Real world organic chemistry with Dr. Zacharias Kinney


Dr. Zacharias Kinney is an Assistant Professor here at OU. Since starting at OU in Fall 2020, he has taught a multitude of courses at the undergraduate and graduate level, including Organic Chemistry I (CHM 2340), Organic Chemistry I Laboratory (CHM 2370) and Special Topics in Organic Chemistry (CHM 5901). He will be teaching Organic/Inorganic Laboratory (CHM 4380) in Winter 2023.

“In addition to teaching these courses I also have an active research group with six members at the moment,” Kinney said. “These folks cover not only a range of academic levels (high school, undergraduate, graduate) but come from vastly different academic backgrounds (majors include: chemistry, biochemistry, biology, and health sciences). OU has been an excellent academic home, both in terms of teaching students and mentoring researchers.”

Kinney has a Bachelor’s in Chemistry/Forensic Science and noted that he originally wanted to work in a state forensics laboratory.  During his undergraduate studies he realized organic chemistry is actually really enjoyable and went on to complete his graduate studies in a physical organic chemistry laboratory. 

The main premise of Kinney’s laboratory work is to “design, synthesize, and characterize novel organic molecules with real-world applications ranging from organic solar cells and organic light emitting diodes (OLEDs) to chemical sensors,” Kinney described. “Our primary projects involve synthesizing sulfur-containing polyaromatic hydrocarbons, which are known to be highly luminescent. Once we have our core molecules synthesized the researcher selects what they want to do with the molecules, i.e. do we want to make a chemical sensor or synthesize a biomimetic transporter, and then we perform another reaction or two to access those molecules of interest.”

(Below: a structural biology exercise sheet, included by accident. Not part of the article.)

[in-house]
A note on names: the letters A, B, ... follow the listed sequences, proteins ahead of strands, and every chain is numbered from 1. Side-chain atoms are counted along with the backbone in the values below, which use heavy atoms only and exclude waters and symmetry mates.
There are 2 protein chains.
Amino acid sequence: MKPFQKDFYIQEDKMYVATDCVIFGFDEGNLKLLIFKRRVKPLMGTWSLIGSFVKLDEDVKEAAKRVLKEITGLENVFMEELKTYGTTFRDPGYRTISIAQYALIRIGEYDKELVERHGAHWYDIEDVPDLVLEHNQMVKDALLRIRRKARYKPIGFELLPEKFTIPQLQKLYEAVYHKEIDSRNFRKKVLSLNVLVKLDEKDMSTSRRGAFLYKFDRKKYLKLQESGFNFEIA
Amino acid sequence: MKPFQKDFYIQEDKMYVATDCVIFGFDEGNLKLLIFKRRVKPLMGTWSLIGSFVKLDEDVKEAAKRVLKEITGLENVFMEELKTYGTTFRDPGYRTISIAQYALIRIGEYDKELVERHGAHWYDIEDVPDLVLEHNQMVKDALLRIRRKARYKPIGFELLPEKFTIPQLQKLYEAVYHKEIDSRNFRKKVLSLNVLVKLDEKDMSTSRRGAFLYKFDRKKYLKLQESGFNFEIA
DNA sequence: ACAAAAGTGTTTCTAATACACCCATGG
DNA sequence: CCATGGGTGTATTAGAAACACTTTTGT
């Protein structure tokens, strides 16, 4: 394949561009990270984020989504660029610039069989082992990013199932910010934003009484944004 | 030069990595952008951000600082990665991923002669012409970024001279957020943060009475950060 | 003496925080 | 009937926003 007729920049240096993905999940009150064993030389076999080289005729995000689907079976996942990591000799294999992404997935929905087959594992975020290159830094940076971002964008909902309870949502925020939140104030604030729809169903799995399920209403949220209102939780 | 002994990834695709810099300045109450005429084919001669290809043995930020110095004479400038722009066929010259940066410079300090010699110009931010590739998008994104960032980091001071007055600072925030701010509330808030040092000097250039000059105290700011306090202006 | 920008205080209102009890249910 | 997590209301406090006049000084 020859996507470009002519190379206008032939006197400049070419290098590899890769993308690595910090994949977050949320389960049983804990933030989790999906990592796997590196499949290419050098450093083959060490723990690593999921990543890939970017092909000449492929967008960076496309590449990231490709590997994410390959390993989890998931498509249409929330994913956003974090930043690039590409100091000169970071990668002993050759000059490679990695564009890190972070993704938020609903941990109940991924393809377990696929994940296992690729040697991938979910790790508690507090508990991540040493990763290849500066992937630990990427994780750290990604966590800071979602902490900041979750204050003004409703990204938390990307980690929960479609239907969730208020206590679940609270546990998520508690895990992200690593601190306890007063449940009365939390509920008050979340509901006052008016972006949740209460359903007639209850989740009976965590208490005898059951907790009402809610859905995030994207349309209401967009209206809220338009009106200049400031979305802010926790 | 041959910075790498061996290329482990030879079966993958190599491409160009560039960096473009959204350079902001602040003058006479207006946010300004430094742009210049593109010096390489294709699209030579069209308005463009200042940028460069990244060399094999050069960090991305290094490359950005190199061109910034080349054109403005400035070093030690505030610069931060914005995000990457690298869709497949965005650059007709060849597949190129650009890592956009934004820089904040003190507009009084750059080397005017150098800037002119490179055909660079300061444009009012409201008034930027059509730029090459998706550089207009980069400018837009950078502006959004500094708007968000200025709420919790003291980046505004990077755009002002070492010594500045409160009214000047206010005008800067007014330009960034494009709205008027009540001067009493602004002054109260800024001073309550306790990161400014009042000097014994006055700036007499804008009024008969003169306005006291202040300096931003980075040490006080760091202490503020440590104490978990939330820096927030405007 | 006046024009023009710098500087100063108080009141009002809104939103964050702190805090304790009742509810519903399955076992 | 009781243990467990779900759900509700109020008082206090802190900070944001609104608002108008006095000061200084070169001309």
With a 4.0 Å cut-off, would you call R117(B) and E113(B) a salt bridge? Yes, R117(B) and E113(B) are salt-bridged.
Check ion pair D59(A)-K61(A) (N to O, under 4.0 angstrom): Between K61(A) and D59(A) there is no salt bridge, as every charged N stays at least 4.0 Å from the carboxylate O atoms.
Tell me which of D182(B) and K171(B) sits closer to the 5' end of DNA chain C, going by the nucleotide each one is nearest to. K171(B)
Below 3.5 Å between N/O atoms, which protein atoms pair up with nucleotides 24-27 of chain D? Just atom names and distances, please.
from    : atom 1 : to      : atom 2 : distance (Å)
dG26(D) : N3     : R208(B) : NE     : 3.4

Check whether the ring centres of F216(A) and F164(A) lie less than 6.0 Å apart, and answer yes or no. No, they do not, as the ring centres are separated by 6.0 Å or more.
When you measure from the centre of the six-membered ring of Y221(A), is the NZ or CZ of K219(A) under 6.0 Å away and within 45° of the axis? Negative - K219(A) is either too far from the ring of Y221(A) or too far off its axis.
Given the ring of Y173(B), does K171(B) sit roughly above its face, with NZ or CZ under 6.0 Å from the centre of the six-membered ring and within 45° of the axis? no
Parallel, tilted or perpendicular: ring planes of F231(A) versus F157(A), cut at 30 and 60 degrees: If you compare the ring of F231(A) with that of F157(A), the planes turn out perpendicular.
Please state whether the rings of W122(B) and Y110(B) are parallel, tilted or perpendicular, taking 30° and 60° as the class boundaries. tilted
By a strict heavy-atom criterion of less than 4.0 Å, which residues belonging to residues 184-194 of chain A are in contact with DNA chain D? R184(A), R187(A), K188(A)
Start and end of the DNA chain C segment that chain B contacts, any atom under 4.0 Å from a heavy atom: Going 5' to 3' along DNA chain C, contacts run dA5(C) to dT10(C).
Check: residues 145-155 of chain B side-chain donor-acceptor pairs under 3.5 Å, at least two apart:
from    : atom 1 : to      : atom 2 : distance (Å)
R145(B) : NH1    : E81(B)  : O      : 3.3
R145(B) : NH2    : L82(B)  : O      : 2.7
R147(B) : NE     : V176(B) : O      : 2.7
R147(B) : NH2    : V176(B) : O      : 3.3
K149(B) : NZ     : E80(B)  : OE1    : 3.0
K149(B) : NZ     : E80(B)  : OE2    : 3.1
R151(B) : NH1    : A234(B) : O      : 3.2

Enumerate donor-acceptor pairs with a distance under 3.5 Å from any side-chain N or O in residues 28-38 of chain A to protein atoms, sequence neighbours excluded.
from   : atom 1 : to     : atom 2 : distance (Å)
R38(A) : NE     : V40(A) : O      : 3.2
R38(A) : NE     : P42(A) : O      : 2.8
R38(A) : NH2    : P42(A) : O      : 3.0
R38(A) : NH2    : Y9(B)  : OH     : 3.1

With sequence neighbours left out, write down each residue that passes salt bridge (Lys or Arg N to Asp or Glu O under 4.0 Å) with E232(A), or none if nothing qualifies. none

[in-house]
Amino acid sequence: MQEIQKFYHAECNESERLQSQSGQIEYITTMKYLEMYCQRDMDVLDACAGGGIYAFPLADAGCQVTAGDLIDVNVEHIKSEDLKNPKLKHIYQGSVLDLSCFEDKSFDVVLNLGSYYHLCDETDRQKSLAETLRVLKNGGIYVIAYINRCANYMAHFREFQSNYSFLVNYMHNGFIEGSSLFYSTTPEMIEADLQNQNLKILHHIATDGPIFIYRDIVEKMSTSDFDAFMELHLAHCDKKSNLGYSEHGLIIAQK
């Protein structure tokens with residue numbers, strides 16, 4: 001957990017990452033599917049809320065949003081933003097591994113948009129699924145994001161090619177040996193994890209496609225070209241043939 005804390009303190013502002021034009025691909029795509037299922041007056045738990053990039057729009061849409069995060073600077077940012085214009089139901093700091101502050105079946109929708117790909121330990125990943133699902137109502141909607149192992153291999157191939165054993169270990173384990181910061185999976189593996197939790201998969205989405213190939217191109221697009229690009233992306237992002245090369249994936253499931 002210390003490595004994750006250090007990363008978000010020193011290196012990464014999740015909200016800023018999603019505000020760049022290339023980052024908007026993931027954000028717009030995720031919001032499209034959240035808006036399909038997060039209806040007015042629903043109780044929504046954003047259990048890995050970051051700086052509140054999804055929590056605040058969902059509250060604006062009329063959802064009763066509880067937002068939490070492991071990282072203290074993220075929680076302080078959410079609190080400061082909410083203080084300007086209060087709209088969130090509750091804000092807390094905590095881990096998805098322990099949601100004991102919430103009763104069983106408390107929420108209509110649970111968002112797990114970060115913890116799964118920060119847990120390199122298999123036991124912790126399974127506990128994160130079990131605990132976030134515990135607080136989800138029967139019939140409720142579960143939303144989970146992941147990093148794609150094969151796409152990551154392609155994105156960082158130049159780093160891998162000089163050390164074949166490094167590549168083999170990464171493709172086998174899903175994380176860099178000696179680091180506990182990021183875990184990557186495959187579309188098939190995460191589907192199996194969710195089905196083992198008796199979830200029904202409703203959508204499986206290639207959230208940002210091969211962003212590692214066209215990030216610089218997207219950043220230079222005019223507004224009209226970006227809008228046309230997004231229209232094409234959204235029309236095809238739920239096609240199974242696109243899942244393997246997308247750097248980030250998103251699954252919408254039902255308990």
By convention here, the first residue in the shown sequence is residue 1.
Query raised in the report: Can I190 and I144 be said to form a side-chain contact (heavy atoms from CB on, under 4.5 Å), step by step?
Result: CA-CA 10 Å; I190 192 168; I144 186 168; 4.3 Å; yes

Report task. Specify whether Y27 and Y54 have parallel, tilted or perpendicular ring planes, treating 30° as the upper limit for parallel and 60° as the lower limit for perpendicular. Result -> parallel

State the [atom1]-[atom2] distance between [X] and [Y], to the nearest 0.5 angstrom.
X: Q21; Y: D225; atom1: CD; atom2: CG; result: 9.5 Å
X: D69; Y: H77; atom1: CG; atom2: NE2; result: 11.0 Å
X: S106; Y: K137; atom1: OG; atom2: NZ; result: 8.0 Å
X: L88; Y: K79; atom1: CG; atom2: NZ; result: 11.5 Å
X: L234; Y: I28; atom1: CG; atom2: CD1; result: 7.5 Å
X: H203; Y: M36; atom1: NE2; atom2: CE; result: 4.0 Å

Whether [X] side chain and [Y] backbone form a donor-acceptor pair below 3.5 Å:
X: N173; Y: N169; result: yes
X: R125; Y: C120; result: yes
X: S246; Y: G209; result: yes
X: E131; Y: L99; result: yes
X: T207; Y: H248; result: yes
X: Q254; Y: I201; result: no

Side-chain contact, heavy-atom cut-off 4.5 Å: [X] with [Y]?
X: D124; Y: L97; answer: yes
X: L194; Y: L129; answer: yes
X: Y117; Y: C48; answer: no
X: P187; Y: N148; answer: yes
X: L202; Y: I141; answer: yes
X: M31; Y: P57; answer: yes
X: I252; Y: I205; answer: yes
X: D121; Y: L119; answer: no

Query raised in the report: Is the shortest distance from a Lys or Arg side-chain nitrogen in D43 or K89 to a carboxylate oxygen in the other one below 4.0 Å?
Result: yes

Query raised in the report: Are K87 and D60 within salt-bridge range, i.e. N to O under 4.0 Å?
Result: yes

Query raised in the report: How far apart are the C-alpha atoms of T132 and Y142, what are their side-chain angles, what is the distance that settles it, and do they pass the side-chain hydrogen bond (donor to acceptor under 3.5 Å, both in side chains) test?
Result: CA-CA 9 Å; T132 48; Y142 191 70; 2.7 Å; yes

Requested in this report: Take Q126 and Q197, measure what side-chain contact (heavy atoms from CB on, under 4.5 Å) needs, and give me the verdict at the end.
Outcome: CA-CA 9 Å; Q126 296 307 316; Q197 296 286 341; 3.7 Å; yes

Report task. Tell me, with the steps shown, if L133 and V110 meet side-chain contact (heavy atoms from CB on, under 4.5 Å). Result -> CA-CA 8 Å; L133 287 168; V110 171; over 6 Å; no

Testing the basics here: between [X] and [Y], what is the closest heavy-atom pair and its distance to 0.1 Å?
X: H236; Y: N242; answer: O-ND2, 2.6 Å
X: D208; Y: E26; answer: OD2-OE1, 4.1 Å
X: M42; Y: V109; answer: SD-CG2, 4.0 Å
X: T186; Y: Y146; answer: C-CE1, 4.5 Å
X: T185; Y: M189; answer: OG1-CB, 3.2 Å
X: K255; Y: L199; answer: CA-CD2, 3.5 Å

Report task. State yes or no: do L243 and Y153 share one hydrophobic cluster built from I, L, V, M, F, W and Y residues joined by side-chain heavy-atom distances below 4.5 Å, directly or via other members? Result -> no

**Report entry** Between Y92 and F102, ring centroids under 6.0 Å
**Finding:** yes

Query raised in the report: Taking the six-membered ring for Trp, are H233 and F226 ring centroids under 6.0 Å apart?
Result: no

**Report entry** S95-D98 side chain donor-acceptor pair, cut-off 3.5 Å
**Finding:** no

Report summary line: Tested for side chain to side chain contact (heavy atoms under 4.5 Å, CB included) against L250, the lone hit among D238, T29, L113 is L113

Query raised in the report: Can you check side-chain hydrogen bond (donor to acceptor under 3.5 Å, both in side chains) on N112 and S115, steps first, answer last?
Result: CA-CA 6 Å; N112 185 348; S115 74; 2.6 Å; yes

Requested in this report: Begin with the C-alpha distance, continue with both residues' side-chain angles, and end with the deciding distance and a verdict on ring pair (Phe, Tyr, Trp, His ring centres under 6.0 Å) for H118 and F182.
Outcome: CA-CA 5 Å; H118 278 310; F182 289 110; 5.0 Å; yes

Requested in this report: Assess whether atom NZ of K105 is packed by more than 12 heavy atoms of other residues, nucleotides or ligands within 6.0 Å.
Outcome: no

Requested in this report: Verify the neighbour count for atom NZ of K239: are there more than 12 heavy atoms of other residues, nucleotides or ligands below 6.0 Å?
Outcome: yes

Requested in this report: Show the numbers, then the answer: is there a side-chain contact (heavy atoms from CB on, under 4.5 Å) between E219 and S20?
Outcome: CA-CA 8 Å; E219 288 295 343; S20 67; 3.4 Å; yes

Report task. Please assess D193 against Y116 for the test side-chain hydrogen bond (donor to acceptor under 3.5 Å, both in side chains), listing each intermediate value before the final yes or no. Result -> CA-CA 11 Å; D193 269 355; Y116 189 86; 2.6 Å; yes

Kinney emphasized and praised the work accomplished by his research team. “Emmanuel, Calvin, Lourdes, Maddie, Evan, and Jimin all started at different levels and have learned techniques that extend beyond the standard course material.”

In terms of partaking in scientific research, specifically research rooted in organic chemistry, Kinney believes there are multiple rewards. “While the direct benefits for those who want to go to graduate school or work in industry are apparent, the basic laboratory skills gained are beneficial to any scientific discipline. For those interested in a career in the medical field research in organic chemistry takes those concepts you learn for the MCAT and applies them in a laboratory setting (think about those thin layer chromatography or which solvent is best for SN2 reaction type questions). These are tasks researchers do often, thus the answers to the questions will become second nature.”

“The basic laboratory skills (reaction setup, work-up, purification) are done in parts in other courses at OU, but in a research laboratory often you are in uncharted waters. The knowledge gained while synthesizing and characterizing novel molecules, from troubleshooting synthesis to processing final data, is simply not available in a standard laboratory course where the experiments are well-known and streamlined for success,” Kinney said.

Anyone interested in the courses taught by Dr. Kinney or his research may contact him at [email protected].